The top half of this window works as before, letting you configure a new display scale if desired. But the bottom bit is new: Here, you can individually resize and otherwise change several desktop UI items, each of which displays text in some way: Title bars, Menus, Message boxes, Palette titles, Icons, and Tooltips.
The results of some of these changes—which do require signing out and then back in—can be of great help, especially for those struggling with normally tiny onscreen items.
Note: If you do make changes here, be sure to note the original values, since there’s no “Go back to default” option.
Desktop Settings Sync
If you sign in to Windows 8 with a Microsoft account—which I do, and recommend—one of the niceties you get is settings sync, from PC to PC, via SkyDrive. Part of this settings sync includes desktop settings, which you can see if you look at the Sync Your Settings interface in PC Settings. (Easiest way: WINKEY + I, Change PC Settings, Sync Your Settings.)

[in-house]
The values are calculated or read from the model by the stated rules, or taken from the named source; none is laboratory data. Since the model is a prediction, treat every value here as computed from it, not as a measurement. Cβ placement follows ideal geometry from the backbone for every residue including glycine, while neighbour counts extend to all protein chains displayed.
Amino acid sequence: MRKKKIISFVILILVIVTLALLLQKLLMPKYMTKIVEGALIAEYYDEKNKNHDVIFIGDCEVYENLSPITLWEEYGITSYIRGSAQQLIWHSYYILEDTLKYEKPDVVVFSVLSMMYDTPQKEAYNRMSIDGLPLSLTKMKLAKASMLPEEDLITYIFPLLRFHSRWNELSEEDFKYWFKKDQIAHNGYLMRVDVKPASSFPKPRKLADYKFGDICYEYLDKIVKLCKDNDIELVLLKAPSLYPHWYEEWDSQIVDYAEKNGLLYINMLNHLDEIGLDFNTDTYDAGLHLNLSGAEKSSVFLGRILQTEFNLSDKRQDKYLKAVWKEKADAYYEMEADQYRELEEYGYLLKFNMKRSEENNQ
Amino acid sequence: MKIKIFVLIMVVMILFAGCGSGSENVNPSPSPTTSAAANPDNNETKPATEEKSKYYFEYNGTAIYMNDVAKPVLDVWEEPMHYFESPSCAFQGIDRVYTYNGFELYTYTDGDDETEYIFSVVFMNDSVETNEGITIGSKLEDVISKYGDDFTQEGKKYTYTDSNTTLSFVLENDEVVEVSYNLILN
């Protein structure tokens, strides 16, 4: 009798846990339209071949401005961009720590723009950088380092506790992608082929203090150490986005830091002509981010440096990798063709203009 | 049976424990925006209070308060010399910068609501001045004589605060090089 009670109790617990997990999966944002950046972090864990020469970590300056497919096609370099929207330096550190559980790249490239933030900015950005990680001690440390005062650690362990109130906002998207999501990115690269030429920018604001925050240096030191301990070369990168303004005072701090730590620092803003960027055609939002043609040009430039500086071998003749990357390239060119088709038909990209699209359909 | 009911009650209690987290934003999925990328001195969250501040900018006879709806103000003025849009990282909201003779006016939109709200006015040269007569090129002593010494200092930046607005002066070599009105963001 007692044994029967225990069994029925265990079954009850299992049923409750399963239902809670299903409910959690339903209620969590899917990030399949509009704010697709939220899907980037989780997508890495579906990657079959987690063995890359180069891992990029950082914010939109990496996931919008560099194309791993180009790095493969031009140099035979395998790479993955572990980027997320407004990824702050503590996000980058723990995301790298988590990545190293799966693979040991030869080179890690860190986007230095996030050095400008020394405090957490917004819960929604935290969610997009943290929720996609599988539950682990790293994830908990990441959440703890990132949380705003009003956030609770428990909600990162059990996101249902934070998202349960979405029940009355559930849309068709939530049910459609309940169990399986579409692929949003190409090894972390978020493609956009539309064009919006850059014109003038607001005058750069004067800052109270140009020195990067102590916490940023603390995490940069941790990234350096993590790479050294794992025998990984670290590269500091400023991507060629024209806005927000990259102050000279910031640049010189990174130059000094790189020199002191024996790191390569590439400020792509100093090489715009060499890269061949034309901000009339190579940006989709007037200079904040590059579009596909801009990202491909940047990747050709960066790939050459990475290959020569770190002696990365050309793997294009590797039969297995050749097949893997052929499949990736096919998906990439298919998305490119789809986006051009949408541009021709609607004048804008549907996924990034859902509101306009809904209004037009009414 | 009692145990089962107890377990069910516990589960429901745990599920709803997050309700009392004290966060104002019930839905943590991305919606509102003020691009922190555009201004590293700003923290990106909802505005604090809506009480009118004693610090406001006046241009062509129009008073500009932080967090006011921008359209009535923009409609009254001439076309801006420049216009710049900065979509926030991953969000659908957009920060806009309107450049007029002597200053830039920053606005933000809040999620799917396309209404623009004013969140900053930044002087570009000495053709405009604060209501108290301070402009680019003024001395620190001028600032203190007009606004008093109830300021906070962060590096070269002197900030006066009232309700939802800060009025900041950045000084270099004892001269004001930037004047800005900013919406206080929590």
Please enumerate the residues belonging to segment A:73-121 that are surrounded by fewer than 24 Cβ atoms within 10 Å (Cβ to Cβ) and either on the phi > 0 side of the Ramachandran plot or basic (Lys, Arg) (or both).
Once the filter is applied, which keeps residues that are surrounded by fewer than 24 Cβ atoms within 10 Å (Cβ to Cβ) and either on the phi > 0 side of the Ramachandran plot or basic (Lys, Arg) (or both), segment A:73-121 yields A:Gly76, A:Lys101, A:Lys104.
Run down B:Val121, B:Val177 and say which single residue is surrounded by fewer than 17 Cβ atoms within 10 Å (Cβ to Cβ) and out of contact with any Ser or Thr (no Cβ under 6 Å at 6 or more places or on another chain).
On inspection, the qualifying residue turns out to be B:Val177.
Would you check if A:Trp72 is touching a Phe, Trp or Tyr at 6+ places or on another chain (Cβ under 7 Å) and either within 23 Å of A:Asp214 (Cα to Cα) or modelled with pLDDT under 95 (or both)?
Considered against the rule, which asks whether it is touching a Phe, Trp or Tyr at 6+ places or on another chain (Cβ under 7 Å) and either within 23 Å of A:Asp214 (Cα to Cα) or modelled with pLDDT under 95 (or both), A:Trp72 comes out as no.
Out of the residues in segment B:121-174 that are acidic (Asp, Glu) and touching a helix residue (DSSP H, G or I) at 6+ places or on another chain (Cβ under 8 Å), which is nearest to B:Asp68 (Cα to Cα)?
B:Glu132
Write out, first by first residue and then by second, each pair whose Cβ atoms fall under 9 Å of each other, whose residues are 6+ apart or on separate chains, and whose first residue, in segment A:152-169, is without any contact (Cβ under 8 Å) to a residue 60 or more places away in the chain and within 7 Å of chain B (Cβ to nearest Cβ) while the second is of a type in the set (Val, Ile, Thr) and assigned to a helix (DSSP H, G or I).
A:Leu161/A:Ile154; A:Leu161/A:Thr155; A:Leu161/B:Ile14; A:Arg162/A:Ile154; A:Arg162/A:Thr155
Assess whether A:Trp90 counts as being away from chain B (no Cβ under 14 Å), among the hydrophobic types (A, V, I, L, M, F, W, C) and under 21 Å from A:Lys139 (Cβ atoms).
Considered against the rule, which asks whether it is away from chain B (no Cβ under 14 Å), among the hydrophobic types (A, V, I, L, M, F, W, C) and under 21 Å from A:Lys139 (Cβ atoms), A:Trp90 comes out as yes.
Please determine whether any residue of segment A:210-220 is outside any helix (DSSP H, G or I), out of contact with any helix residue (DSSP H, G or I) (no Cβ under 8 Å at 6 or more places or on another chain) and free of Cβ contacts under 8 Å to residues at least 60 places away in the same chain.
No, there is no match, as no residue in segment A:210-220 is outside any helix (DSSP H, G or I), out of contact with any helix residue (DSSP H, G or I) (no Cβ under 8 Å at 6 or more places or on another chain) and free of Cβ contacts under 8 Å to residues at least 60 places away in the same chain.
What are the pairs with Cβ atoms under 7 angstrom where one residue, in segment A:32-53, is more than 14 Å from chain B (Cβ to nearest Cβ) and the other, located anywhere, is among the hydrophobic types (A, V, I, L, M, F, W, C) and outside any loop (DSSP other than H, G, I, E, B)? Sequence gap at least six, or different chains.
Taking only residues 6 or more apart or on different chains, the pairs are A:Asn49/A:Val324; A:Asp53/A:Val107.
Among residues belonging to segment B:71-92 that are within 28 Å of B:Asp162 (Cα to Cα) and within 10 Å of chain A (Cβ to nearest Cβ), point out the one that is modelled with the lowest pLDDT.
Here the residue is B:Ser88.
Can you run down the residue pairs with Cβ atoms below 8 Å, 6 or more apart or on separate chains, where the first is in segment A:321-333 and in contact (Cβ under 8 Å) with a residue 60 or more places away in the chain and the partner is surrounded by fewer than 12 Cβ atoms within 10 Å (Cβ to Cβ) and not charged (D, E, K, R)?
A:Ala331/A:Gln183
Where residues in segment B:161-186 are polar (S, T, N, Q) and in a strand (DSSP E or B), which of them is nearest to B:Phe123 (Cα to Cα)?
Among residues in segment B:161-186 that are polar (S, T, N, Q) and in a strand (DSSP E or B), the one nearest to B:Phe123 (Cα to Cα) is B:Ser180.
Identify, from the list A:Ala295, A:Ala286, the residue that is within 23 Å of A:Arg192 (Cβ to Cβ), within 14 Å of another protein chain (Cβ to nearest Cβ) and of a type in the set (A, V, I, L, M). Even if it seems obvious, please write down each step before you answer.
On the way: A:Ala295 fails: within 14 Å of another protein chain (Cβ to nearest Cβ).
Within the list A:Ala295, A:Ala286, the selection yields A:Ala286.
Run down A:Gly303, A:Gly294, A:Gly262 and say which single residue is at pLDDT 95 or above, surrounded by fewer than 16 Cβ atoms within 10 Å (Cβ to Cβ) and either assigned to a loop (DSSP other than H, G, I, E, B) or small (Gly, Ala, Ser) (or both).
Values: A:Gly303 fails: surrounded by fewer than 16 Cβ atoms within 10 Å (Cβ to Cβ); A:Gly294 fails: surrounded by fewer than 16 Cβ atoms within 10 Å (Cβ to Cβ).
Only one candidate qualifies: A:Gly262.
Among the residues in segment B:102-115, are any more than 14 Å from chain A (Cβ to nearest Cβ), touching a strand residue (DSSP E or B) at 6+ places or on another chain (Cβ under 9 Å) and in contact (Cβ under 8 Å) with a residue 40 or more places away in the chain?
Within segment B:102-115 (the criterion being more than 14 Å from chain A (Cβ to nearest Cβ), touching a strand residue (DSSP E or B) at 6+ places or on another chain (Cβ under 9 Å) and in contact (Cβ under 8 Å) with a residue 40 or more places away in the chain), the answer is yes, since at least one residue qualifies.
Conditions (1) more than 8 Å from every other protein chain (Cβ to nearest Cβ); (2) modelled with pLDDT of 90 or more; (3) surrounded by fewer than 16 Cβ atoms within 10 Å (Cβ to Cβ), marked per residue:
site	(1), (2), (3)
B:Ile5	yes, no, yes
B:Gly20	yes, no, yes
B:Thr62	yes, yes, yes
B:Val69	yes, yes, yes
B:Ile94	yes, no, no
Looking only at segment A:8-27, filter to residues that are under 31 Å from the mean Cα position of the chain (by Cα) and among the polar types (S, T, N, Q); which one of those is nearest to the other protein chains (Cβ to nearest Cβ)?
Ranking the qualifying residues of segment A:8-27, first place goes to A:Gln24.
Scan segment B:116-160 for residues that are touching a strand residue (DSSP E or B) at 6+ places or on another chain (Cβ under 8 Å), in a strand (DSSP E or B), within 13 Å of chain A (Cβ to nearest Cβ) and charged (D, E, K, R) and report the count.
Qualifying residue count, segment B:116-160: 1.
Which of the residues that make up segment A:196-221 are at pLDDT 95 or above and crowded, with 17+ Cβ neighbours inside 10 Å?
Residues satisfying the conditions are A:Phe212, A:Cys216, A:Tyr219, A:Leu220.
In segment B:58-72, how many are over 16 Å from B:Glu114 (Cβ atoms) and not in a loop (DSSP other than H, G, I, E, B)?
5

This interface notes that Desktop personalization settings sync includes “themes, taskbar, high contrast, and more,” which isn’t very descriptive. (Or accurate: Windows 8 does not sync the pinned items on your taskbar, for example.) Here’s what it really syncs: the desktop theme (which includes the background, the Explorer window color, sounds, and screen saver), taskbar customizations (including which edge of the screen to which the taskbar is connected) and desktop-based photo slideshow options.